B&W landscapes - leerogers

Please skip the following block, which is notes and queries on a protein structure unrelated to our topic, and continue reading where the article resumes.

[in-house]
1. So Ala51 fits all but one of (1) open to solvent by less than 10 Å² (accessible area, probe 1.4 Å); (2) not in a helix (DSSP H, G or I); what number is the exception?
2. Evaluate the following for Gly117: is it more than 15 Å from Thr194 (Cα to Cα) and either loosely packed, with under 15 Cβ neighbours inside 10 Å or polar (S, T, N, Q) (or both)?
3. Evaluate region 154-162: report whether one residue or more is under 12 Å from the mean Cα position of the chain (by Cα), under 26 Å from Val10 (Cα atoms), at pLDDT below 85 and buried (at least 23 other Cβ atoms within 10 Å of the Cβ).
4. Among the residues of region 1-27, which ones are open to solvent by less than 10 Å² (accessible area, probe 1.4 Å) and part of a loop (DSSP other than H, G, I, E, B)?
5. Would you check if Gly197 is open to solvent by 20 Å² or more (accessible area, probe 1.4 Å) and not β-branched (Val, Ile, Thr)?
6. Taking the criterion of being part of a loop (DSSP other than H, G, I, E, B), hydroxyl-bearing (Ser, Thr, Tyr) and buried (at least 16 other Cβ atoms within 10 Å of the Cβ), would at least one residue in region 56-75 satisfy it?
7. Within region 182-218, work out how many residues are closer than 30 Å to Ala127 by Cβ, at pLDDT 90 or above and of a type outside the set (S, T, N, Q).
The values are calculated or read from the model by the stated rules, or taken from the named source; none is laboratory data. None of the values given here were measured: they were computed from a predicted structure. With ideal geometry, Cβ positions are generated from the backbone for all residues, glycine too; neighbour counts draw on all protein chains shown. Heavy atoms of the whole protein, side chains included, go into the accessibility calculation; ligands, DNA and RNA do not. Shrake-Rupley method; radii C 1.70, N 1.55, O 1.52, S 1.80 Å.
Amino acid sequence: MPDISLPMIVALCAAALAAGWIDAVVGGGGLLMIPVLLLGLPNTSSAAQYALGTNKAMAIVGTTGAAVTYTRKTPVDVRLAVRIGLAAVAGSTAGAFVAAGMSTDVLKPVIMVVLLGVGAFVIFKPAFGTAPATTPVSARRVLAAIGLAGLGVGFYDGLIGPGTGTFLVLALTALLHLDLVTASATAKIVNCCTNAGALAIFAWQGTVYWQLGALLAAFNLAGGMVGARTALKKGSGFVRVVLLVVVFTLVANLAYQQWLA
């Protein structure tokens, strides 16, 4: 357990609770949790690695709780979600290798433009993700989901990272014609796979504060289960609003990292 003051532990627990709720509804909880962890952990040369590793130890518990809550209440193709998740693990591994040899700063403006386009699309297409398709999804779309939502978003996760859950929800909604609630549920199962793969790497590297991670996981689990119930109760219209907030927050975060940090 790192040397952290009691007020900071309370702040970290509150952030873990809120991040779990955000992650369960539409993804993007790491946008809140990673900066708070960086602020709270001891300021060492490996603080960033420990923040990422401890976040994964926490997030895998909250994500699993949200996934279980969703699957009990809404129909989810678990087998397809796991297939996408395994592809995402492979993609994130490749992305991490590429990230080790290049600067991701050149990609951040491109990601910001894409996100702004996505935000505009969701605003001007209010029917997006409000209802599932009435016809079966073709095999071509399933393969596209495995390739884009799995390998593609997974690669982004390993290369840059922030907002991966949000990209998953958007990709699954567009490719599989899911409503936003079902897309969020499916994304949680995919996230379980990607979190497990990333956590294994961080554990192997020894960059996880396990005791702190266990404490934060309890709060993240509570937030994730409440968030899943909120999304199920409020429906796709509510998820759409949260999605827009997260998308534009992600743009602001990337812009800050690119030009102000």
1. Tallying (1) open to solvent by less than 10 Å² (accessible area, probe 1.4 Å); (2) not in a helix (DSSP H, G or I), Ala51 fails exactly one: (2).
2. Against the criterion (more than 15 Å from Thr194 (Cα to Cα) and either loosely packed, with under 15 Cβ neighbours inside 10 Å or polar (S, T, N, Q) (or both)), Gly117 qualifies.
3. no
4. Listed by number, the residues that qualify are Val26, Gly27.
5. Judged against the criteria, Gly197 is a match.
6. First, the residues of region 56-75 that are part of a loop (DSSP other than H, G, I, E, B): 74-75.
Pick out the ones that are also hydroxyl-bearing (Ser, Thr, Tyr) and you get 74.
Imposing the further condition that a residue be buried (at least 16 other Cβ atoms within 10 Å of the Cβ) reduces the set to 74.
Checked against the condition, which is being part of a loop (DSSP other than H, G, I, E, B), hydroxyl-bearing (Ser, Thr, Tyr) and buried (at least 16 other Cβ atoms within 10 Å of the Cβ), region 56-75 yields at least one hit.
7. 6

I have been active as a photographer for 45 years. In 2012 I received an Artist Grant from the Martha Boschen Porter Fund, which is directed by the Berkshire Taconic Community Foundation. This grant award was in recognition of my project – Black and White Landscape Photography Project, which is centered on creating unique representations of the natural landscapes of the Northeastern, and Southwestern United States. My work consists of prints that are a combination of photograph and photogram, that I create myself in the darkroom. A photogram is a photographic print made in the darkroom, in which objects are placed on the light sensitive paper, and then exposed to light. The result is a print in which the shape of the object would be white, and the surrounding area would be black. My prints that are created by combining the 2 traditional, pre-digital methods of black and white become a unique rendering of the landscape, in which the objects that are found within the terrain blend with the scene itself. It begins with capturing the imagery using black and white negative film. During the photo shoot I collect naturally found objects that are abundant, along the way. I print using only fiber based photographic paper for the optimal results in capturing the subtle tonal range of black and white. I work in a traditional darkroom, using photographic paper, film negatives, and a wide variety of natural objects. The objects that I collected at the time of the photo shoot are then used in concert with the exposed film. The printing process in the darkroom is quite complex and challenging. Multiple steps include printing exposure tests, arranging the found objects on the paper, exposing the paper both with the negative in place (traditional photography method), and without (traditional photogram method). The prints that I create are unique and moody representations of the natural world, incorporating my respect and affection for that world. The creative process for this type of work is lengthy and involves a great deal of thought and attention to detail. The basis of all my work starts with strong photo images, and I also print these images without using this technique. Courtenay Lee Rogers, Still Light Studio www.leerogersphotos.com  leenan@roadrunner.com